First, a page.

>>>>>
>>>>> I'm also very interested in this use case, but as far as I know
>>>>> there's nothing ready yet... We plan to support this in VisPy, but we
>>>>> haven't started to work on it yet.
>>>>>
>>>>> I suppose you could work something out based on tmpnb.org -- you get a
>>>>> temporary live kernel in the cloud launched just for you.
>>>>>
>>>>> Cyrille
>>>>> _______________________________________________
>>>>> IPython-dev mailing list
>>>>> [hidden email]
>>>>> http://mail.scipy.org/mailman/listinfo/ipython-dev
>>>>
>>>>
>>>>
>>>> _______________________________________________
>>>> IPython-dev mailing list
>>>> [hidden email]
>>>> http://mail.scipy.org/mailman/listinfo/ipython-dev
>>>>
>>>
>>>
>>>
>>> --
>>> William Stein
>>> Professor of Mathematics
>>> University of Washington
>>> http://wstein.org
>>> _______________________________________________
>>> IPython-dev mailing list
>>> [hidden email]
>>> http://mail.scipy.org/mailman/listinfo/ipython-dev
>> _______________________________________________
>> IPython-dev mailing list
>> [hidden email]
>> http://mail.scipy.org/mailman/listinfo/ipython-dev
>
>
>
> --
> William Stein
> Professor of Mathematics
> University of Washington
> http://wstein.org



--
William Stein
Professor of Mathematics
University of Washington
http://wstein.org
_______________________________________________
IPython-dev mailing list
[hidden email]
http://mail.scipy.org/mailman/listinfo/ipython-dev
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Re: Developing a MOOC with IPython notebooks

Anton Akhmerov
Hi,

On Tue, Dec 23, 2014 at 5:48 PM, William Stein <[hidden email]> wrote:
> I removed the pip version and installed Kwant system-wide using the
> Ubuntu Packages suggested at http://kwant-project.org/install
>
> Now kwant works fine without the UMFPACK warning.

Perfect, this means that also MUMPS is installed through the Ubuntu
repos (it's actually indeed public domain, they just want to collect
user emails).
Sadly Umfpack in Scipy is now gone due to software rot and GPL <->
Python world incompatibility.

Thanks a lot for providing Kwant in SMC. This makes SMC really useful
both for the Kwant team and the MOOC I'm organizing.

Anton

>  --  William
>
>>
>>
>>> Unfortunately it also requires the MUMPS linear algebra package, so
>>> overall the installation process would be somewhat involved I imagine.
>>>
>>> Do you know if we would be able to set it up, so that the course users
>>> wouldn't have a need to install Kwant separately?
>>
>> Regarding kwant -- done!
>>
>> Regarding MUMPS, is that this somewhat strange seeming "public-domain"
>> library, where you fill out a form and get an email link?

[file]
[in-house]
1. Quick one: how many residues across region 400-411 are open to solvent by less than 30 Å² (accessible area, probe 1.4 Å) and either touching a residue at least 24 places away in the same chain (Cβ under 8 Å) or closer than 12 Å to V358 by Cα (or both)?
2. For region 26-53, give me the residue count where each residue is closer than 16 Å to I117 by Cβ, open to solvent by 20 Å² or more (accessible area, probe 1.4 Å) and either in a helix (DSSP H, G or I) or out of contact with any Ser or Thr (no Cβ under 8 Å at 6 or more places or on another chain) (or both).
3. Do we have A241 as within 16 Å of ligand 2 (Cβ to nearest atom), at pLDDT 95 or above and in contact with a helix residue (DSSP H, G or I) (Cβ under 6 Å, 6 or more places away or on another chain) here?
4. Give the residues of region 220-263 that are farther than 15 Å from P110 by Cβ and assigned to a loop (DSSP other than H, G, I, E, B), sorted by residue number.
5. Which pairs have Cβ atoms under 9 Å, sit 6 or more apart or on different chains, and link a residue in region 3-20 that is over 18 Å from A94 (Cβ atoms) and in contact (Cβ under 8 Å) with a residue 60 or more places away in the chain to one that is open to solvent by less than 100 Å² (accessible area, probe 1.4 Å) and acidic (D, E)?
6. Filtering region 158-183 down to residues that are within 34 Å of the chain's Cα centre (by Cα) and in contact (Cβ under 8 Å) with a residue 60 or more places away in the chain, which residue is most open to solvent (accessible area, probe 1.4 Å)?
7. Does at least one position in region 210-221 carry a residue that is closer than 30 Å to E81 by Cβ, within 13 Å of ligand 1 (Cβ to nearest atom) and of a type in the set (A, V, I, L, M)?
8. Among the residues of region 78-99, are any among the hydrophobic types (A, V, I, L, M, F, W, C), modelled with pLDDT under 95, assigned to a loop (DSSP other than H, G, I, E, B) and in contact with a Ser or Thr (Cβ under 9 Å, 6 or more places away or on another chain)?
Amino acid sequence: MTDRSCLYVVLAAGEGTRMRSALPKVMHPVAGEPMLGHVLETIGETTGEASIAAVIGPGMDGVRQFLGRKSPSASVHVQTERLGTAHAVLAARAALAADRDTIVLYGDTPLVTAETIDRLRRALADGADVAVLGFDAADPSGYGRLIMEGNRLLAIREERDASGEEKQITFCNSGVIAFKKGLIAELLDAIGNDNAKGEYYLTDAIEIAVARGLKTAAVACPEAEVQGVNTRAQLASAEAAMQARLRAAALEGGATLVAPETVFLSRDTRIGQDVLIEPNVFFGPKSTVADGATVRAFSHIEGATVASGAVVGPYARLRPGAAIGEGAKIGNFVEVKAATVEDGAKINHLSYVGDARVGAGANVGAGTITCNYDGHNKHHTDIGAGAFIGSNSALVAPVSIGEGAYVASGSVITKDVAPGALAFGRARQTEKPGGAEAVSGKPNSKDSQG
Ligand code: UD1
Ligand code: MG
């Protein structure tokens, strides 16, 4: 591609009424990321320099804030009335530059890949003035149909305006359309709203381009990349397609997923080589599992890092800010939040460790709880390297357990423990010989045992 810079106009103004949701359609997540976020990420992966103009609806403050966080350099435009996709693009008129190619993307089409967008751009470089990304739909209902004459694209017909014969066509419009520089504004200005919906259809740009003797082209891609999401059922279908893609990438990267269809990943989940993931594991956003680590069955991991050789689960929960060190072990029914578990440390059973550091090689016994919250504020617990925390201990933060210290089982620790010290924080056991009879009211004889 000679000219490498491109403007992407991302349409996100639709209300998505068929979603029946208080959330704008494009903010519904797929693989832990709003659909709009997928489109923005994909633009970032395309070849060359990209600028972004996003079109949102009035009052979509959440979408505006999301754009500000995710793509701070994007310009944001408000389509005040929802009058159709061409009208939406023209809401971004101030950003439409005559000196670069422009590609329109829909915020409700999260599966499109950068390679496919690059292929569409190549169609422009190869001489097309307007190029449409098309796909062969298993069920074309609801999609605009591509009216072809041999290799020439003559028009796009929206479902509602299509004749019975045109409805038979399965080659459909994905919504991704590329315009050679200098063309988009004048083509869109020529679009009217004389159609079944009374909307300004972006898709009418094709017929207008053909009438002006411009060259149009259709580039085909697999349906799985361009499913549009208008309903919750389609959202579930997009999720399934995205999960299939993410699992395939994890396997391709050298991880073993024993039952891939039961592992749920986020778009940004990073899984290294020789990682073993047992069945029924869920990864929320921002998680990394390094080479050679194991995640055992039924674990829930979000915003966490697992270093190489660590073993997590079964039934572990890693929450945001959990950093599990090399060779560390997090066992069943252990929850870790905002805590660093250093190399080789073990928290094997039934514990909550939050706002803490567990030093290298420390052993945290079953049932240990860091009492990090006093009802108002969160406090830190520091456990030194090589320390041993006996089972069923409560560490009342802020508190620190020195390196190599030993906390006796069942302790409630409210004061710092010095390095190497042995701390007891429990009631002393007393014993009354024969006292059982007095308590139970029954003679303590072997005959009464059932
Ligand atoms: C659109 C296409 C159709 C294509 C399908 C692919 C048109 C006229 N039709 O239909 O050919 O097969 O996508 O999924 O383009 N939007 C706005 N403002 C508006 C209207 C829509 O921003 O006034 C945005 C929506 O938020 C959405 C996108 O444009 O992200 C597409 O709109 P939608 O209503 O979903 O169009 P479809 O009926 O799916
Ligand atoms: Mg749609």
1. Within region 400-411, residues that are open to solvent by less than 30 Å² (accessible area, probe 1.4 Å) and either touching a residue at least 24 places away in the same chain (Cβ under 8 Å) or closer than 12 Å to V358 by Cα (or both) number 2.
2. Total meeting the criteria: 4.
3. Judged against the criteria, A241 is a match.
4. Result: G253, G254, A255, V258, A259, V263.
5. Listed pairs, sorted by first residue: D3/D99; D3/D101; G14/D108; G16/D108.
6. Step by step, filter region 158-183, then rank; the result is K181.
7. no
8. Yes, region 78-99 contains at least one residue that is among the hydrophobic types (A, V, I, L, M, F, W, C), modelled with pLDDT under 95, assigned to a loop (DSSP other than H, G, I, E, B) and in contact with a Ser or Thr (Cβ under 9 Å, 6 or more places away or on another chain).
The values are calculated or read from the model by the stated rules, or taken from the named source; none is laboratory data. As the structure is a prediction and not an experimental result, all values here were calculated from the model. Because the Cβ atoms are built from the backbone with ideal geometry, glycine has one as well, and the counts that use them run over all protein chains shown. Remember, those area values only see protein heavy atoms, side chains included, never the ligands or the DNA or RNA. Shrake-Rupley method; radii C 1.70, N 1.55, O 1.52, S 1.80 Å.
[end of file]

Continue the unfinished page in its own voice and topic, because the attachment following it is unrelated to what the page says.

>>
>>     http://mumps.enseeiht.fr/index.php?page=dwnld#license
>>
>> Anyway, my model with SMC is to pre-install a very wide range of
>> packages, available for everybody, motivated by what people need.    I
>> have a script [1] that installs everything into a custom Python
>> install (=Sage), each time I upgrade to a new version (though I leave
>> the old versions in case people need them).
>>
>>> Some extra questions: Is it possible use single cell servers with
>>> custom code pre-executed?
>>>  Is it possible to embed those in an IFrame?
>>
>> I don't know -- I've cc'd Andrey and Jason, the single cell server
>> devs, and the sage-cell mailng list.
>>
>> [1] https://github.com/sagemath/cloud/blob/master/build.py
>>
>> William
>>
>>>
>>> Thanks,
>>> Anton
>>>
>>>> On Mon, Dec 22, 2014 at 9:53 AM, Andrew Odewahn <[hidden email]> wrote:
>>>>> Hi, Anton.  I've been working on something along a similar line: running a
>>>>> Notebook kernel in a Docker container via tmpnb and then connecting to it
>>>>> via a widget.  This presentation has some of the details:
>>>>>
>>>>> http://odewahn.github.io/publishing-workflows-for-jupyter/#1
>>>>>
>>>>> Like Cyrille Rossant's work, it's still very experimental, but I've been
>>>>> pleased with the results so far.  The biggest issues have been around
>>>>> getting it running for version 2 of the Notebook (currently it only works
>>>>> for version 1) and getting the CORS headers set up for tmpnb.
>>>>>
>>>>> Andrew
>>>>>
>>>>> ps -- here are a few examples of the output.  (It only works in Chrome right
>>>>> now due to the CORS issues):
>>>>>
>>>>> http://sites.oreilly.com/odewahn/ipython-tutorial2/ch01.html
>>>>>
>>>>> http://sites.oreilly.com/odewahn/jem-test/ch01.html
>>>>>
>>>>>
>>>>>
>>>>> On Mon, Dec 22, 2014 at 11:47 AM, Cyrille Rossant